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What are you having for Christmas dinner?

What are you having for Christmas dinner?

This year, as the Spanish tuck into a nice ‘cocido’, I will be eating a sumptuous turkey dinner cooked by my sister in the English countryside. This is the first Christmas I have spent in the United Kingdom for more than 20 years, and I can’t pretend that I’m not thrilled at the prospect of chestnut stuffing, bread sauce and other traditions that my mother made legendary. Other good customs we have been enjoying are eating chocolate at all times of day and drinking mulled wine and all other types of wine all the time and thinking it’s okay. We have also done a Christmas film (Mary Poppins), and looked at the charity Christmas tree display in Lichfield Cathedral. It all brings back the best parts of my childhood in England.

I am sure Spanish people love their own Spanish Christmas traditions, like the Christmas lottery, the endless carols that play in shopping centres and their own favourite dishes. Oh, and nativity scenes. I love turron and I love cava, but you can keep the ‘polvorones’. Since I found out that they contain lard I’ve gone right off them. Also, if you breathe near them you risk inhaling the greasy powder and choking.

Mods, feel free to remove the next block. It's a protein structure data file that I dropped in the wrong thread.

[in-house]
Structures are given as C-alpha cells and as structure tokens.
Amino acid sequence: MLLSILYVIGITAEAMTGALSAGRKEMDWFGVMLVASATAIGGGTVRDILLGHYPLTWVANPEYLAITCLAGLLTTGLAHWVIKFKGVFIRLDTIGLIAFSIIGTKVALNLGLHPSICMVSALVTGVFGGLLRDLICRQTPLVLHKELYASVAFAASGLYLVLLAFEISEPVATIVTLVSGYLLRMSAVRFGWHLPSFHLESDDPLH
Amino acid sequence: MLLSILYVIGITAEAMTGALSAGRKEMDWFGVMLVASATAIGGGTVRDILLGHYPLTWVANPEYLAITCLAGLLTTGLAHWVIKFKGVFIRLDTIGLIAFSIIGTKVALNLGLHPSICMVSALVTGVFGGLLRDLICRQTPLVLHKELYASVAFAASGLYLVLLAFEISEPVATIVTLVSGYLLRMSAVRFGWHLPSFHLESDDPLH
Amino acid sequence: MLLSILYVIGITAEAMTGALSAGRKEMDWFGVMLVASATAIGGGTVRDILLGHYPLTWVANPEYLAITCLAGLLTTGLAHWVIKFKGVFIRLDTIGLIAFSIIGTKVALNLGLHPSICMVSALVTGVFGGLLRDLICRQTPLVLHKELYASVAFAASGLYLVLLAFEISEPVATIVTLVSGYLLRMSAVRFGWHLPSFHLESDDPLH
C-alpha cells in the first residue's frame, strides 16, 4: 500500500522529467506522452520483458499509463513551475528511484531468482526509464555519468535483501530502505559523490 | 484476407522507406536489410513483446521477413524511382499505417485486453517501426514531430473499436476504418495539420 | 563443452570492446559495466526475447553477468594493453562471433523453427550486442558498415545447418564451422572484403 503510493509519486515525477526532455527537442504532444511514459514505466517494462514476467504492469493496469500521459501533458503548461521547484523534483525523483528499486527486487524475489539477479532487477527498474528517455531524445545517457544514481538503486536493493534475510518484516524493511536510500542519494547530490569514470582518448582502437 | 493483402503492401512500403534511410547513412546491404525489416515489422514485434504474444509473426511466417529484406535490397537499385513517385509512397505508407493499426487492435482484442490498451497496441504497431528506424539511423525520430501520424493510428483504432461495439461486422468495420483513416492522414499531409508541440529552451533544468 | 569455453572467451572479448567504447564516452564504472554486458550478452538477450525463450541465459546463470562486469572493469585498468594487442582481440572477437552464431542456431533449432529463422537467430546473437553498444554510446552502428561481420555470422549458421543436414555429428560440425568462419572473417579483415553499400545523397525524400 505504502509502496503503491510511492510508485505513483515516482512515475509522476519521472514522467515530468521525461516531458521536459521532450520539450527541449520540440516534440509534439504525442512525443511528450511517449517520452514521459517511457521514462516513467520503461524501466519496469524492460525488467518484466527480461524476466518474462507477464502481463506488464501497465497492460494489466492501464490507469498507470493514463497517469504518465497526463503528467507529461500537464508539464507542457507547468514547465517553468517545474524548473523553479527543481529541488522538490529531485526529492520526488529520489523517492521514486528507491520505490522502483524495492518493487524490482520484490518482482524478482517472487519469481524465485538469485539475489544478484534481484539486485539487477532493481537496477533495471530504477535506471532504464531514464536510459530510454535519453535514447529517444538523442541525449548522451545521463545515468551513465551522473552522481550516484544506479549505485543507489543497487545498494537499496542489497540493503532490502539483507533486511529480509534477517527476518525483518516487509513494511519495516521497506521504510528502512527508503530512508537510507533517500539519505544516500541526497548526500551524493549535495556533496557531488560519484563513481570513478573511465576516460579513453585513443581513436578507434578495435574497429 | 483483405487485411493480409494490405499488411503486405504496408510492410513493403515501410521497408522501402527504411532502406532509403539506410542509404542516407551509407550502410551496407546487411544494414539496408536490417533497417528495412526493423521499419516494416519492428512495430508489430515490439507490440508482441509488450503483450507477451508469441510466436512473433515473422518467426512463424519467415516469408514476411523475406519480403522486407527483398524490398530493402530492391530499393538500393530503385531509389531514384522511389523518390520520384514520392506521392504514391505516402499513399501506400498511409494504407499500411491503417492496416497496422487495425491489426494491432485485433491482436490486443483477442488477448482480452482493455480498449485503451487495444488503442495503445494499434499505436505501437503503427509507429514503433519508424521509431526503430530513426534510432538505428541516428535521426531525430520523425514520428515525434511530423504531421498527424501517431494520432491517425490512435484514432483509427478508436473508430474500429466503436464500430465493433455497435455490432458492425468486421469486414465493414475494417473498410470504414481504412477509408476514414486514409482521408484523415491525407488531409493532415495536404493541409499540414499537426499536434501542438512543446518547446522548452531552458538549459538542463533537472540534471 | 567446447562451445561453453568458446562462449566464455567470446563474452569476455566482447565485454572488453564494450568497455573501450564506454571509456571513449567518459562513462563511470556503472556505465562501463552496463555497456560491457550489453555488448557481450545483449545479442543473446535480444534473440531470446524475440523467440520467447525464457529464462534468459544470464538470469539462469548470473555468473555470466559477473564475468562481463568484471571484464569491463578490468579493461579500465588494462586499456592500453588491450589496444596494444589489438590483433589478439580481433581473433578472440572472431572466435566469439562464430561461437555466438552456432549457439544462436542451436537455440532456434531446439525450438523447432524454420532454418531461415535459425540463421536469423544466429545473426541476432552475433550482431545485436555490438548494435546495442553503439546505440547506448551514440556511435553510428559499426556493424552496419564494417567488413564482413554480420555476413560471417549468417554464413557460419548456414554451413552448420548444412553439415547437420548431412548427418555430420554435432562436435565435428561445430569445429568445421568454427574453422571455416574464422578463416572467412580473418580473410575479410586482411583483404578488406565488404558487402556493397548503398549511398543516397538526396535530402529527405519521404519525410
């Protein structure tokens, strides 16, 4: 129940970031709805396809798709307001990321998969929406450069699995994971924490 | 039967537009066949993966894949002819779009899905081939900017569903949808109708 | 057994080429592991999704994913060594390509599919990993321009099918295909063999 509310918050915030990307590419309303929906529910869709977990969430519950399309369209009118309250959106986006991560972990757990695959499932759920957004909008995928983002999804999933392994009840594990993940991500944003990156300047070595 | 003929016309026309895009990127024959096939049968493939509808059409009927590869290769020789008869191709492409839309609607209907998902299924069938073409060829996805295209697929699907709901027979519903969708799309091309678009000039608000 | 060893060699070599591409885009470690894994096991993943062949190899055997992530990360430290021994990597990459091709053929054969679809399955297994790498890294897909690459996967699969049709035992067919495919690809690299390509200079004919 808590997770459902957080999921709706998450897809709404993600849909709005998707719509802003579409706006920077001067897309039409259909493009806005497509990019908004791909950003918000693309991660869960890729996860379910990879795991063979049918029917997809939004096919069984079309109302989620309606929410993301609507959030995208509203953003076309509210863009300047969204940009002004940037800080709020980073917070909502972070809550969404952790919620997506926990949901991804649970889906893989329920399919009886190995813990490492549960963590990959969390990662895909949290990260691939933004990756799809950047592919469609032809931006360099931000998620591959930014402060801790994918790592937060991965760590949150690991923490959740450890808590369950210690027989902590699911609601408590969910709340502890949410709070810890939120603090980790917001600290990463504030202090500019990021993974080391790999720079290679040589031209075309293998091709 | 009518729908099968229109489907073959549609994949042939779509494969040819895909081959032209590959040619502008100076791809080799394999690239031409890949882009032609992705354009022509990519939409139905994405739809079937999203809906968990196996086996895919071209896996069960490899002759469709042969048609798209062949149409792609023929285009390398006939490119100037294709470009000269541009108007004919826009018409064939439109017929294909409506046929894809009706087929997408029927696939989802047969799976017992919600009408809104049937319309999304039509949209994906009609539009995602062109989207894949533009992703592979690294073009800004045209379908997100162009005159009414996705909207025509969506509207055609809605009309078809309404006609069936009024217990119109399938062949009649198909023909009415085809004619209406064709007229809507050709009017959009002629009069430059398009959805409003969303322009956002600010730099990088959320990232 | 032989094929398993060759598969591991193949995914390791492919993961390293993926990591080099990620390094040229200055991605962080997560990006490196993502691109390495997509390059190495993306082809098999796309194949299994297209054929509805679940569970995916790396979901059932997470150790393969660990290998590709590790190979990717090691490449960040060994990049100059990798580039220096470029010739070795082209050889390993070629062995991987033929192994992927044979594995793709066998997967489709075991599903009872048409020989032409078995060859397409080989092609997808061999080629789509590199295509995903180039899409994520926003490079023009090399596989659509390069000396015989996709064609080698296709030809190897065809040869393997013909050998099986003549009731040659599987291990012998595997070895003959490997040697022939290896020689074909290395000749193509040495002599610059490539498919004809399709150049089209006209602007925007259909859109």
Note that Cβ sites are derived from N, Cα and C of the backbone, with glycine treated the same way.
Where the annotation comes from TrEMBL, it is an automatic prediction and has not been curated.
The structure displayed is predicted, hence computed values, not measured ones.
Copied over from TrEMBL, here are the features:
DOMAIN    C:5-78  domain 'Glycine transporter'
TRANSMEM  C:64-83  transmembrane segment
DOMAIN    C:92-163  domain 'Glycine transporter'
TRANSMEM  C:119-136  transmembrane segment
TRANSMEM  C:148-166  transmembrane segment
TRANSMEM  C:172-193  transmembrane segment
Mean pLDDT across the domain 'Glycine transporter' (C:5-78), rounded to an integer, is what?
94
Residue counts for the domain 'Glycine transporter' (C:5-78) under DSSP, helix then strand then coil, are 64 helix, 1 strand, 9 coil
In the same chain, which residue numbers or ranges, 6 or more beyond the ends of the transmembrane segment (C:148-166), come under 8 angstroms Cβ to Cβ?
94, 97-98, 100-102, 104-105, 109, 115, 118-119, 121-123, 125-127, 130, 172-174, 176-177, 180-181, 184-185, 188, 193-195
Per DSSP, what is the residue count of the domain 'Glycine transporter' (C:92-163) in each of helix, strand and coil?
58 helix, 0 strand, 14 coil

This is my first Christmas as a singleton for about 10 years. I always had go to my ex-husband’s family’s home, filled with endless people I only saw once a year and whose names I couldn’t remember. They all smoke and drink, but not like we drink… they drink until they are incomprehensible. They shout in Valenciano, which I can understand if I really concentrate, but can’t be bothered to understand at midnight when they’ve only just started serving up the boiled cabbage clad meatball that serves for Christmas dinner in Villajoyosa.

Another friend has a Polish boyfriend who insists on serving river carp that tastes basically of river, i.e. weed and mud. I’m not surprised they fast all day on Christmas Eve before tucking into Wigilia, a repast which includes many traditional dishes and desserts can sometimes last for over two hours.

The ideal Christmas is different for everyone, but I’m sure it is has a lot to do with how you were brought up and the things that your mother used to cook, because Christmas makes us look back to happy, innocent times, when we believed in magic, Santa Claus and a house full of relatives was a good thing. Happy holidays everyone, here’s to a fabulous 2019!

Juliet Allaway

Written by editor